ABA Legal Ed council advances proposal to make law school admissions tests optional
Updated: The council of the ABA Section of Legal Education and Admissions to the Bar has advanced a proposal to make standardized admissions tests optional at accredited law schools.
On Friday, a majority of the council voted for an amendment to its testing mandate, Standard 503, at its hybrid meeting in Atlanta.
The standard requires that law schools must use a “valid and reliable” test to assess applicants. Historically, that test has been the Law School Admission Test, or LSAT. At the Friday meeting, the council also voted in favor of amending Standard 501 to include an annual review of admissions policies and practices.
The proposal is expected to go to the ABA House of Delegates for consideration at its midyear meeting in New Orleans in February 2023, and was amended Friday to state that if adopted the changes would not be implemented until the fall of 2025.
The push to change Standard 503 comes after the council said in November 2021 that ABA accredited law schools could also use the Graduate Record Examination, or GRE, when considering applicants. The amended standard could end a testing requirement that for more than 50 years has been the foundation of law school admissions.
Plans to alter the standard proved divisive. In May, the council decided to allow public comment for 90 days on the proposed amendments. Those in favor of relaxing Standard 503 said it would open law school doors to more underrepresented students and improve diversity in the legal profession.
According to the Law School Admission Council, which administers the LSAT, from 2017 to 2018, the mean LSAT score for white test-takers was 11.5 points higher than the mean score for Black test-takers. The council’s 2022 report also suggested disparities between white test-takers and Native Americans, Hispanics and other minorities.
“I believe by eliminating the standardized test requirement the legal field could possibly become more diverse and inclusive,” wrote Jameelah Kates, an African American woman, who was among the many to write in support of relaxing the standard.
But those opposed to the changes argued the LSAT is still the best way to determine an aspiring lawyer’s readiness to meet the demands of law school and provides an added protection because of the heavy debt burden that attending entails.
In September, 60 law school deans mounted a defense of the standard. They argued that relaxing it would not necessarily even the playing field for underrepresented students. In their letter, the deans feared that the changes would be “premature and could have effects contrary to what is desired.”
“Specifically, we fear that an unintended consequence of removing Standard 503’s requirement that JD applicants take a valid and reliable admissions test will be to diminish the diversity of law schools’ incoming classes, by increasing reliance on grade-point average and other criteria that are potentially more infused with bias,” the letter states.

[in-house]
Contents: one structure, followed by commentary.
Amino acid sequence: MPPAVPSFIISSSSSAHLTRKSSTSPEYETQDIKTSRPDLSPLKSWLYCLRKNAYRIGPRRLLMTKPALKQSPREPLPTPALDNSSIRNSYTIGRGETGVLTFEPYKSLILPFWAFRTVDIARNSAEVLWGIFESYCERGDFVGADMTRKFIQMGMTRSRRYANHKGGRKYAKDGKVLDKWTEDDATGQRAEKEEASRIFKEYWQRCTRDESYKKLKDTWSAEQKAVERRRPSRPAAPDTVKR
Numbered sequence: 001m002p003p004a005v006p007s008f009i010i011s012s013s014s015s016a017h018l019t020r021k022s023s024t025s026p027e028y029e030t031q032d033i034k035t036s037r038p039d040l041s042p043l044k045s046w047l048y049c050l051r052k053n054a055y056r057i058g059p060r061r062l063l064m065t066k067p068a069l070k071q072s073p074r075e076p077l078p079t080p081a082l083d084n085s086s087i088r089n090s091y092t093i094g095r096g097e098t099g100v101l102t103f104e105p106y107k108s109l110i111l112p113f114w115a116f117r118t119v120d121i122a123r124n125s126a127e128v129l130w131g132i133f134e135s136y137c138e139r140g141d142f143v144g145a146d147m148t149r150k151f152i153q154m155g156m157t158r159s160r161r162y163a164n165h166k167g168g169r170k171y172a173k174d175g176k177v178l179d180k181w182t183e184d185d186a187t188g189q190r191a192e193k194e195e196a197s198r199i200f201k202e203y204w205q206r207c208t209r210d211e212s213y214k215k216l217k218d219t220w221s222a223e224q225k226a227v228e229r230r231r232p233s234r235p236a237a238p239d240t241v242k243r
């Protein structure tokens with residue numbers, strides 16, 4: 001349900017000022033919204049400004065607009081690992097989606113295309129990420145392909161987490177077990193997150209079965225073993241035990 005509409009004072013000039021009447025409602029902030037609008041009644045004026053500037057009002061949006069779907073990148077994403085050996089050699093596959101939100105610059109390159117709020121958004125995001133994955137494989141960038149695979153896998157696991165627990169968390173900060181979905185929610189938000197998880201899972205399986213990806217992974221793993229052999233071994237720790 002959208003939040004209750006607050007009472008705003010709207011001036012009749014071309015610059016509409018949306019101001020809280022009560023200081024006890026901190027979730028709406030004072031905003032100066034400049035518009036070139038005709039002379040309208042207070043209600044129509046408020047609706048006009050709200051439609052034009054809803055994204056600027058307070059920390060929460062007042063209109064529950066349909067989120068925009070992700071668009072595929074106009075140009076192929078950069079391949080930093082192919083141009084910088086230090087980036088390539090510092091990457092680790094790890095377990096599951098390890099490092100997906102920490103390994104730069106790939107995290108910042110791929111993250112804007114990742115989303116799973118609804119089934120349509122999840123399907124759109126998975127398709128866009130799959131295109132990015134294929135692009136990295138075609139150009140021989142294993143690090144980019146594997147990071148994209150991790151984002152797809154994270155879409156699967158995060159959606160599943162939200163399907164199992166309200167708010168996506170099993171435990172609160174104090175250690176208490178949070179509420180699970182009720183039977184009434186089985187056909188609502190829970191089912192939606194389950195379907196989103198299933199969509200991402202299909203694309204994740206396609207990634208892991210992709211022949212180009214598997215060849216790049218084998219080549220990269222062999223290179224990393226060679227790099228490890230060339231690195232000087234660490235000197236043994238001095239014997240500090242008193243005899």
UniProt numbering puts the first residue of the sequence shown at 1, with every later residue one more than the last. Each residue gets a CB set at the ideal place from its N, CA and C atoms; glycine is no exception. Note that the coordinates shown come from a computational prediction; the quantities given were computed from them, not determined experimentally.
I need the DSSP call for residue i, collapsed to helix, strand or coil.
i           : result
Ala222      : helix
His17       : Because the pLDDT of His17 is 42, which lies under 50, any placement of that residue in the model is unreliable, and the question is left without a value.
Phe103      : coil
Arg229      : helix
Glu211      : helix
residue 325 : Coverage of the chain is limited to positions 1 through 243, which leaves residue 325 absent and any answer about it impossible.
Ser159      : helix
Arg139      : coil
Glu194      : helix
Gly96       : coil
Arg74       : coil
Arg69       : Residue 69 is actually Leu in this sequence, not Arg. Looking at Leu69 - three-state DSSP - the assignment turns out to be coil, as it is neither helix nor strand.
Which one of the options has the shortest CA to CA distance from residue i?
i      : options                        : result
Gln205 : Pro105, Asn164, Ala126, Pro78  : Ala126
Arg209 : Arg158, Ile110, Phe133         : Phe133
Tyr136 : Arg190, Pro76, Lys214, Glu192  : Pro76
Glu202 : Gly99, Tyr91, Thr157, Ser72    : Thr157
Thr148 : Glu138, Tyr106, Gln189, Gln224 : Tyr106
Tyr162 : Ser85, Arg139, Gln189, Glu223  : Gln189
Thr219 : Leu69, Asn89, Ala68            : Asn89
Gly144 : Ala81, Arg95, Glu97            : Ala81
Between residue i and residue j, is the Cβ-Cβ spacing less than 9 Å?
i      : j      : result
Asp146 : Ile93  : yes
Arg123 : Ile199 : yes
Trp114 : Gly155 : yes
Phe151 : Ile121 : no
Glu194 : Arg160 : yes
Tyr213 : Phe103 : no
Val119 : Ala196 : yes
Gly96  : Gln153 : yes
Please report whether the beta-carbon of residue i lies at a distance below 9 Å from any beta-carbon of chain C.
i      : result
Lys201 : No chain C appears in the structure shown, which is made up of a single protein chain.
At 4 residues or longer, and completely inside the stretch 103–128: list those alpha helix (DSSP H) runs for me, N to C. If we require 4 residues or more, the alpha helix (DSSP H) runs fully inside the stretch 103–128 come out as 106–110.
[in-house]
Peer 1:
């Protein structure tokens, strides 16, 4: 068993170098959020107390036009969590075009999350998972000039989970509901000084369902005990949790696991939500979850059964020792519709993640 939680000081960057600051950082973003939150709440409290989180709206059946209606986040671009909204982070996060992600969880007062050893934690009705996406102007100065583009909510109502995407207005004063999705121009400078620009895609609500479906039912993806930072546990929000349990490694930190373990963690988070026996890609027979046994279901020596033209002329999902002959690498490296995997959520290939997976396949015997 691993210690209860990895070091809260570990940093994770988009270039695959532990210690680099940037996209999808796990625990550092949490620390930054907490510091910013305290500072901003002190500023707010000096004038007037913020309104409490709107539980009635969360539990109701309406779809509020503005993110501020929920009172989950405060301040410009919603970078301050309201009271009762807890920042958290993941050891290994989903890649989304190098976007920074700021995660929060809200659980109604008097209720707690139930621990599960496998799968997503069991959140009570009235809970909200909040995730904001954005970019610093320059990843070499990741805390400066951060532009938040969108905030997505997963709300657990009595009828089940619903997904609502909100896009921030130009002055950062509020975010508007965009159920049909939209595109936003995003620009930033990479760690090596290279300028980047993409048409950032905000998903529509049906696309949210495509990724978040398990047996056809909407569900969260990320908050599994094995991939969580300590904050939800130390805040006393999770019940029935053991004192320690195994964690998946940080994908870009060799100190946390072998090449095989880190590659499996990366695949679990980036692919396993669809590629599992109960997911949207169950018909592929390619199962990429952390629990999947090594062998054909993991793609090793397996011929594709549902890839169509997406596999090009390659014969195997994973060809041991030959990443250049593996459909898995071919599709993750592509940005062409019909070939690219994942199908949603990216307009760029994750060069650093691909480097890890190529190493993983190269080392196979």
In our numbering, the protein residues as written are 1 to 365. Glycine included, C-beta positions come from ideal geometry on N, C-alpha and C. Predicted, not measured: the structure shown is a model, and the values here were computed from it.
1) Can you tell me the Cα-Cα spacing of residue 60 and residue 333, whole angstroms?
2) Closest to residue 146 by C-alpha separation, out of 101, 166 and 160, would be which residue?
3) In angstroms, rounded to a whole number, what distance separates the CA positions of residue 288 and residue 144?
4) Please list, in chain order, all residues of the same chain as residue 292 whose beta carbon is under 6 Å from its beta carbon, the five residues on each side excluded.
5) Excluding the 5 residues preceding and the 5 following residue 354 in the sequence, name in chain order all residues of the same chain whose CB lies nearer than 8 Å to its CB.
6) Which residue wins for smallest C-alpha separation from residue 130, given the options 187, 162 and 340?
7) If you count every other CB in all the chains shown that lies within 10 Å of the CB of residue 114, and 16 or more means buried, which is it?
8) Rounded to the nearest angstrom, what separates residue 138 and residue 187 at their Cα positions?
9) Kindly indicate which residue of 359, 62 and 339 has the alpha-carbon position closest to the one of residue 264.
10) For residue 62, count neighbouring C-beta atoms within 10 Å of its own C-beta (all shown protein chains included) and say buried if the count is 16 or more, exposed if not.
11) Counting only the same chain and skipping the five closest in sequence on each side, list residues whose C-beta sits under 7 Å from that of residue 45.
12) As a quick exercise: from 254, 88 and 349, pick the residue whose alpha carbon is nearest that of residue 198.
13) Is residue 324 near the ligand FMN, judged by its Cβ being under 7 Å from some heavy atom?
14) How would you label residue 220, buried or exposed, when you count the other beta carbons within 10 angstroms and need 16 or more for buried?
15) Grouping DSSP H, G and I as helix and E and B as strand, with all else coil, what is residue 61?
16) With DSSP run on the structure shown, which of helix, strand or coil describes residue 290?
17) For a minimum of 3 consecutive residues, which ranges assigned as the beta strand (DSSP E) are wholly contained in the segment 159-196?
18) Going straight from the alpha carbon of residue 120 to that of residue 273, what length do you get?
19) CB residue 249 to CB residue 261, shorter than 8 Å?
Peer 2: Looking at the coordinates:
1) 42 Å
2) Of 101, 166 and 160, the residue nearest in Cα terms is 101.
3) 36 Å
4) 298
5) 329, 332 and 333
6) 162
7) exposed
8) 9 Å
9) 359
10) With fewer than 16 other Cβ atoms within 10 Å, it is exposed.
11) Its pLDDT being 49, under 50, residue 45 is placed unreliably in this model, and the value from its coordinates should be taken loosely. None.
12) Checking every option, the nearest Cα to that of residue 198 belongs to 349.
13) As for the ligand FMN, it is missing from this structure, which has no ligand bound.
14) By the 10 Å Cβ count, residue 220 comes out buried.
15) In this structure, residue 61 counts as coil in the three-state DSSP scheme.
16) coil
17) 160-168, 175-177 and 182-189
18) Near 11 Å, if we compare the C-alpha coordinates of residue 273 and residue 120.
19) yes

David Klieger, director of legal education at ETS, a nonprofit educational testing and assessment organization, echoed those concerns at the council meeting.
“While the future cannot be known with absolute certainty, if the proposal is approved, there is a significant risk that competitive stresses will pressure law schools to consider lowering admission standards,” Klieger said. “The stakes here are great. Law school is unlike so many other areas of higher education, and getting this wrong is enormously consequential.”
But council member Craig M. Boise, the dean of the Syracuse University College of Law in New York, noted that the percentage of Black students in law schools had “barely budged” over the decades. He argued that the gains that have been made could not be attributed to the requirement to take an LSAT.
“I find the argument that a standardized test is necessary to save diversity and legal education to be frankly bizarre,” Boise said. “There’s innumerable studies that establish that any standardized test, even without the intent of doing so, does discriminate because it reflects systemic inequities in our education system across the country, and that is invariably most disadvantageous to Black test-takers.”
The push to relax Standard 503 is not without precedent. A similar plan was floated in 2018 to get rid of the law school entry exam requirements but was withdrawn shortly before the House of Delegates had a chance to vote on it.
Javier A. Maymí-Pérez, a spokesman for the LSAC, said the council was pleased that the proposal was amended, so that the changes would not take effect for three years.
“Delaying implementation until fall 2025 will allow law schools time to prepare if the test-optional policy is ultimately approved and help reduce disruption for schools and students alike. Delaying implementation will also provide more time for research already underway to help establish whether test-optional policies actually help to advance diversity,” Maymí-Pérez wrote in an email.
Updated Nov. 18 at 3:26 p.m. to add quotes from David Klieger and Craig M. Boise. Updated Nov. 18 at 4:18 p.m. to add quote from Javier A. Maymí-Pérez.